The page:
Roger Gaskell Rare Books

roger gaskell
 

I stock rare and important printed books and manuscripts in a range of scientific, medical and technical subjects, mostly from the fifteenth to the eighteenth centuries.  As well as the books traditionally regarded as significant for the progress of science, I am interested in obscure works that have been little studied.  Printing history, especially as it relates to the printing of illustrations, is something of a speciality too.

I have always paid particular attention to binding, provenance and annotation and aim to stock books in original condition wherever possible. This brings us closer to the historical period of the book and can tell us about its production, distribution and reception: a book in a modern binding is stripped of much of this information. Now the physical book, in all its individuality, is of all the more significance as more images of printed books become readily available online, making one copy serve for the whole edition and thus ignoring the variability of hand printed books. As well as private collectors, many of the great academic libraries are among my customers and I am always conscious that future generations of scholars may be studying the physical object, and will want as much information as the physical book can supply.
Roger Gaskell Rare Books was established in Warboys in Cambridgeshire in 1989, after I had worked in the booktrade in London for eighteen years, first for Bernard Quaritch Ltd, then for Pickering and Chatto Ltd.
My research interests include the production of illustrations in scientific books. I am an associate researcher and run seminars in bibliography in the Department of History and Philosophy of Science, University of Cambridge. I teach a course ‘The Scientific Book to 1800’ at Rare Book School, University of Virginia. In the course I take a bibliographical approach to scientific illustrations by studying print making processes and the technical, visual and intellectual implications of integrating images in books of the hand-press period. I deal with the bibliographical description of illustrated books as well as a formal analysis of the images themselves.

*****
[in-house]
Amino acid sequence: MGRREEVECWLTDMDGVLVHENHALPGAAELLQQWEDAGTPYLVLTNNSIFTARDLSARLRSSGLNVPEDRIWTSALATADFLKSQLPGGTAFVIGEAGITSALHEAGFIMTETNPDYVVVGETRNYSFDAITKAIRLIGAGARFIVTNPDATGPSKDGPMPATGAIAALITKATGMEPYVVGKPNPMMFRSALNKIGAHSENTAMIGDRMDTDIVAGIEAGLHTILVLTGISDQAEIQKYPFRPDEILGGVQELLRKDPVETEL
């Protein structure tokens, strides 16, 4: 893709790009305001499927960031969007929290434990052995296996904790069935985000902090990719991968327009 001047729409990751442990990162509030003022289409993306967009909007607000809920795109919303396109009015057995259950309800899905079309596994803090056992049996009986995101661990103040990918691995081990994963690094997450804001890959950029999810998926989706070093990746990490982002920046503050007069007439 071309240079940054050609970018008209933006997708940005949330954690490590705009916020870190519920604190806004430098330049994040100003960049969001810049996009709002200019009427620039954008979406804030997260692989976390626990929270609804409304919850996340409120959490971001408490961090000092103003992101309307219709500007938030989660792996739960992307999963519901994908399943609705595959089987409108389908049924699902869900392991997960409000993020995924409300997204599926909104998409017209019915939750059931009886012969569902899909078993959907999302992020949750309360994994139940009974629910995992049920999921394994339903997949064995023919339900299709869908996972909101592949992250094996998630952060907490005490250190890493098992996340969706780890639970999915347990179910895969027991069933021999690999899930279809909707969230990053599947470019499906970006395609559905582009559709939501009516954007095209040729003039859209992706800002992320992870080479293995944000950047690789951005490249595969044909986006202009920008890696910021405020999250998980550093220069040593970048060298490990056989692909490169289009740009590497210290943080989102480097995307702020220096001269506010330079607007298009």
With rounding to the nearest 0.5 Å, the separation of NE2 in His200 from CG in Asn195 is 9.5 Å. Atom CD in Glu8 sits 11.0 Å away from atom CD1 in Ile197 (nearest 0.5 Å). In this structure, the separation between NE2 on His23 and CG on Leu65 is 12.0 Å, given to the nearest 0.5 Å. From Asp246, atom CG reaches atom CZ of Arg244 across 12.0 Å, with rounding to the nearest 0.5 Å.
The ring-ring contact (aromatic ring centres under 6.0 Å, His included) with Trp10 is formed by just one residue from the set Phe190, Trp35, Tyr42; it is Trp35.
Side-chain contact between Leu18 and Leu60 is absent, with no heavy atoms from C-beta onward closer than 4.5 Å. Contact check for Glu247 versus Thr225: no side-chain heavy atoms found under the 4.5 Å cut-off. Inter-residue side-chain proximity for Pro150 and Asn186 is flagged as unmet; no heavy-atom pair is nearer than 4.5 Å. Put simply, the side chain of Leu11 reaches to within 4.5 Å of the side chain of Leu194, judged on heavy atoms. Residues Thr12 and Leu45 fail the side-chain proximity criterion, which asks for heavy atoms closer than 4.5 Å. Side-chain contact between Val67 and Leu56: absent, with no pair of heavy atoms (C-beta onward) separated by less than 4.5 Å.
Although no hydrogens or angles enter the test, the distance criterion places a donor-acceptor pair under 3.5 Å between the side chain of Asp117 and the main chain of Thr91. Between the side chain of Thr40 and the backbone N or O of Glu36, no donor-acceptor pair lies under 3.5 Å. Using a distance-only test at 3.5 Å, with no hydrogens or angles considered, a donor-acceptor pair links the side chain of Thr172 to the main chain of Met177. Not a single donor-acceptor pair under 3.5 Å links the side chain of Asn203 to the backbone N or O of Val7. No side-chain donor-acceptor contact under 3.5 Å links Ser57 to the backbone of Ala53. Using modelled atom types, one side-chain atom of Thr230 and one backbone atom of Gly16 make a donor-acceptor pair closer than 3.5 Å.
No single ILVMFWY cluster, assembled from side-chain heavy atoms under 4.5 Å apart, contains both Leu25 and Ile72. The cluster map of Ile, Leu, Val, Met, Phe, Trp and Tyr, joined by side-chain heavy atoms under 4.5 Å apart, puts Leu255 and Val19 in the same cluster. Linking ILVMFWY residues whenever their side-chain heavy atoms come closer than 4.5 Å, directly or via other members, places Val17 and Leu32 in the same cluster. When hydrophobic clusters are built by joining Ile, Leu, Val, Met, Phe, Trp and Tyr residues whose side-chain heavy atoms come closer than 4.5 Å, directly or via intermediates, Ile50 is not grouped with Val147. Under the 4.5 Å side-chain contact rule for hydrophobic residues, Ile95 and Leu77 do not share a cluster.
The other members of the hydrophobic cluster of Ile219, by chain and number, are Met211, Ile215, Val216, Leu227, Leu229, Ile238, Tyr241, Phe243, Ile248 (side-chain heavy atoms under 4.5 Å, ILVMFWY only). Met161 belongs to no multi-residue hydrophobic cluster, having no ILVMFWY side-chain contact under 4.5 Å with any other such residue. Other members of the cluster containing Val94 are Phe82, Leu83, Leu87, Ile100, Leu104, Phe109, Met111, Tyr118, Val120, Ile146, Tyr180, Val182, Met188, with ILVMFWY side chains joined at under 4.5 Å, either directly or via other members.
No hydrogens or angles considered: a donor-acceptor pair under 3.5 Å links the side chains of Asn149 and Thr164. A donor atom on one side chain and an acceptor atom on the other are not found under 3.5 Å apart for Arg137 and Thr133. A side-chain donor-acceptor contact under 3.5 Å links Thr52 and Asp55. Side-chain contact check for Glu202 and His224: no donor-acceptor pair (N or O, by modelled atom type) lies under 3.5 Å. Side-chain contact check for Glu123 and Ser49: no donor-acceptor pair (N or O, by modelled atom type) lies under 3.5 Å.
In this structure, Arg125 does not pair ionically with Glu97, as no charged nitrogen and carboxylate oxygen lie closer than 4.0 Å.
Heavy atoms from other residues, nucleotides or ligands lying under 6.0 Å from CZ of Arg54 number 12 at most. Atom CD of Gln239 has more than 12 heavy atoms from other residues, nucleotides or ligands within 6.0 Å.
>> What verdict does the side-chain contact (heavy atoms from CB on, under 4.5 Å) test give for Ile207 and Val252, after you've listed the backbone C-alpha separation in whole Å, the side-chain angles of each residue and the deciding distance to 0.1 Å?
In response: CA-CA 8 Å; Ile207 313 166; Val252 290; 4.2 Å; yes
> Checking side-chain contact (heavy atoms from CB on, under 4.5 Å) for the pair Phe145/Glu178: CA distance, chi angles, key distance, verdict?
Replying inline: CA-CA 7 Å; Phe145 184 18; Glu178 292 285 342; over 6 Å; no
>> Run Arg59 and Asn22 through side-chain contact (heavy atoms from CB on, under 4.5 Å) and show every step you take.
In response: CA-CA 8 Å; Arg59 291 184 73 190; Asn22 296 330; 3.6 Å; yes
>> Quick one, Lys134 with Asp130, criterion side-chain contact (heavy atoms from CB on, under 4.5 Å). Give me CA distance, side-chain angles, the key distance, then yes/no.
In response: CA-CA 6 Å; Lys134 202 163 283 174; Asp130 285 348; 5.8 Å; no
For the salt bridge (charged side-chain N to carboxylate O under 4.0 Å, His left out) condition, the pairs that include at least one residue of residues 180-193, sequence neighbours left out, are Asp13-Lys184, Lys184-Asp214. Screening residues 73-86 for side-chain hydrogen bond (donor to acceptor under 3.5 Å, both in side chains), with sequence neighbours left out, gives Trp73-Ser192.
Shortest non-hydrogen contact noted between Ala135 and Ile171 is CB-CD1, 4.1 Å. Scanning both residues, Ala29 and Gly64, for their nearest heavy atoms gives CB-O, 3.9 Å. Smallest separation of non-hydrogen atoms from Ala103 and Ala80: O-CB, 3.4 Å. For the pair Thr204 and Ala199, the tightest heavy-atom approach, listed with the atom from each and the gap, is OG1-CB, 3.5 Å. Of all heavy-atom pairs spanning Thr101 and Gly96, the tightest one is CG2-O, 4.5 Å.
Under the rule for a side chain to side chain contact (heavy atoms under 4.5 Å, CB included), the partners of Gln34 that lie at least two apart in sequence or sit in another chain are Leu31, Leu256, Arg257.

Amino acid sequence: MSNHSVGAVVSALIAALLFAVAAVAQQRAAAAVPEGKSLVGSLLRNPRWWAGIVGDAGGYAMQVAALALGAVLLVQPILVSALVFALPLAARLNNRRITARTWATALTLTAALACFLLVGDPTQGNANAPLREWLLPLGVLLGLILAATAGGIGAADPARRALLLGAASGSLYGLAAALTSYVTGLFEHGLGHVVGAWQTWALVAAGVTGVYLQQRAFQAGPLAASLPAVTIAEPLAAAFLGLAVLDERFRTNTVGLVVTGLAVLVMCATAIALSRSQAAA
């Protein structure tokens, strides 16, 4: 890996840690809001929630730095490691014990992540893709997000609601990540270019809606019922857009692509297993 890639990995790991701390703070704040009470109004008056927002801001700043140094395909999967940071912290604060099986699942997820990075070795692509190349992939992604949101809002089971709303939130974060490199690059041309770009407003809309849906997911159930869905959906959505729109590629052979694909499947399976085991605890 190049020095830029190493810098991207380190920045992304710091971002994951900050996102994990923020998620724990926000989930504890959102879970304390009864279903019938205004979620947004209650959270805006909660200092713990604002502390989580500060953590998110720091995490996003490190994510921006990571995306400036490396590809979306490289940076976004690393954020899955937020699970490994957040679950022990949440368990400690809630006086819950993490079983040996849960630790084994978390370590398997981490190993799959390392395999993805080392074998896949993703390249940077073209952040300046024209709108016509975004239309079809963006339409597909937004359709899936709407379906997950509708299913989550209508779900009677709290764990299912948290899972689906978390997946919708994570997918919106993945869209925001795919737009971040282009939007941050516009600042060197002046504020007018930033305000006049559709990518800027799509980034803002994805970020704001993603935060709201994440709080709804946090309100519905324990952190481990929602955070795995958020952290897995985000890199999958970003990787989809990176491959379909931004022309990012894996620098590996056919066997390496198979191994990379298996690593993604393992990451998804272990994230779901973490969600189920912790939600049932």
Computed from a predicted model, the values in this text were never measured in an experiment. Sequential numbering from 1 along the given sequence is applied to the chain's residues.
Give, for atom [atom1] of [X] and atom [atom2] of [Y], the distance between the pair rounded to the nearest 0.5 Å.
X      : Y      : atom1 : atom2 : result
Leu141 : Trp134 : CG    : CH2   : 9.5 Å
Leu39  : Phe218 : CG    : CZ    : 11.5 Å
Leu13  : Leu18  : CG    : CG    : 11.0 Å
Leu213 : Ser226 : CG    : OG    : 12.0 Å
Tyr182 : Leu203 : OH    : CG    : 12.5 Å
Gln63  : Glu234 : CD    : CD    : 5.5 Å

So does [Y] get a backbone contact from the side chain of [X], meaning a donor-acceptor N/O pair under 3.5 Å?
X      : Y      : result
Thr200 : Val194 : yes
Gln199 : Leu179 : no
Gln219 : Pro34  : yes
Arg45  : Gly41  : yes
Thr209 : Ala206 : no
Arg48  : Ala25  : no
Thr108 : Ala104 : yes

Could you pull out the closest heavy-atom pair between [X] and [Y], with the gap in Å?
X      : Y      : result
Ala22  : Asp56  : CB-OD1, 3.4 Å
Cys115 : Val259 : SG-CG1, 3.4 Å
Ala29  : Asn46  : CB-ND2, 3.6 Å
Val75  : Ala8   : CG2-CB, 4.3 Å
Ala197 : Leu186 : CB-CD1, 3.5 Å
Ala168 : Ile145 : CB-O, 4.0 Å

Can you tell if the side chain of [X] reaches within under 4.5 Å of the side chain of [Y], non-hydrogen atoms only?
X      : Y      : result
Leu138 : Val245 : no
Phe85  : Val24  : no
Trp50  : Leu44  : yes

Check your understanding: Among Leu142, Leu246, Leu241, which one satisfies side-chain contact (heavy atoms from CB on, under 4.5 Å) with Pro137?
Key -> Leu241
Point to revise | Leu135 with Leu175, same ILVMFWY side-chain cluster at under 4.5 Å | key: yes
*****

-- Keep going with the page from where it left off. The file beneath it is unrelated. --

Roger Gaskell Interviewed by Sheila Markham

Publications

Roger Gaskell Rare Books
R. & L. Gaskell
Established in 1989
VAT no. GB 550 6050 74
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mechanicorum2
My logo is taken from the title page of Guidobaldi del Monte (1545-1607) Mechanicorum liber (folio, Pesaro, Hieonymus Concordia, 1577), regarded as the most important contribution to mechanics since Archimedes. The globe and lever device is an illustration of the saying ascribed to Archimedes, ‘Toleret quis si consisteret’ - give me a place to stand and I will move the earth. The device was frequently used in later works on mechanics, but I do not know if it has a prior history. In Mathematical magic (1648), John Wilkins gives a version of the device, and explains that ‘[Archimedes] was frequently wont to say, how that he could move, Datum pondus cum data potentia, the greatest conceivable weight with the least conceivable power: and that if he did but know where to stand and fasten his instrument, he could move the world, all this great globe of sea and land’ (pp. 79-80).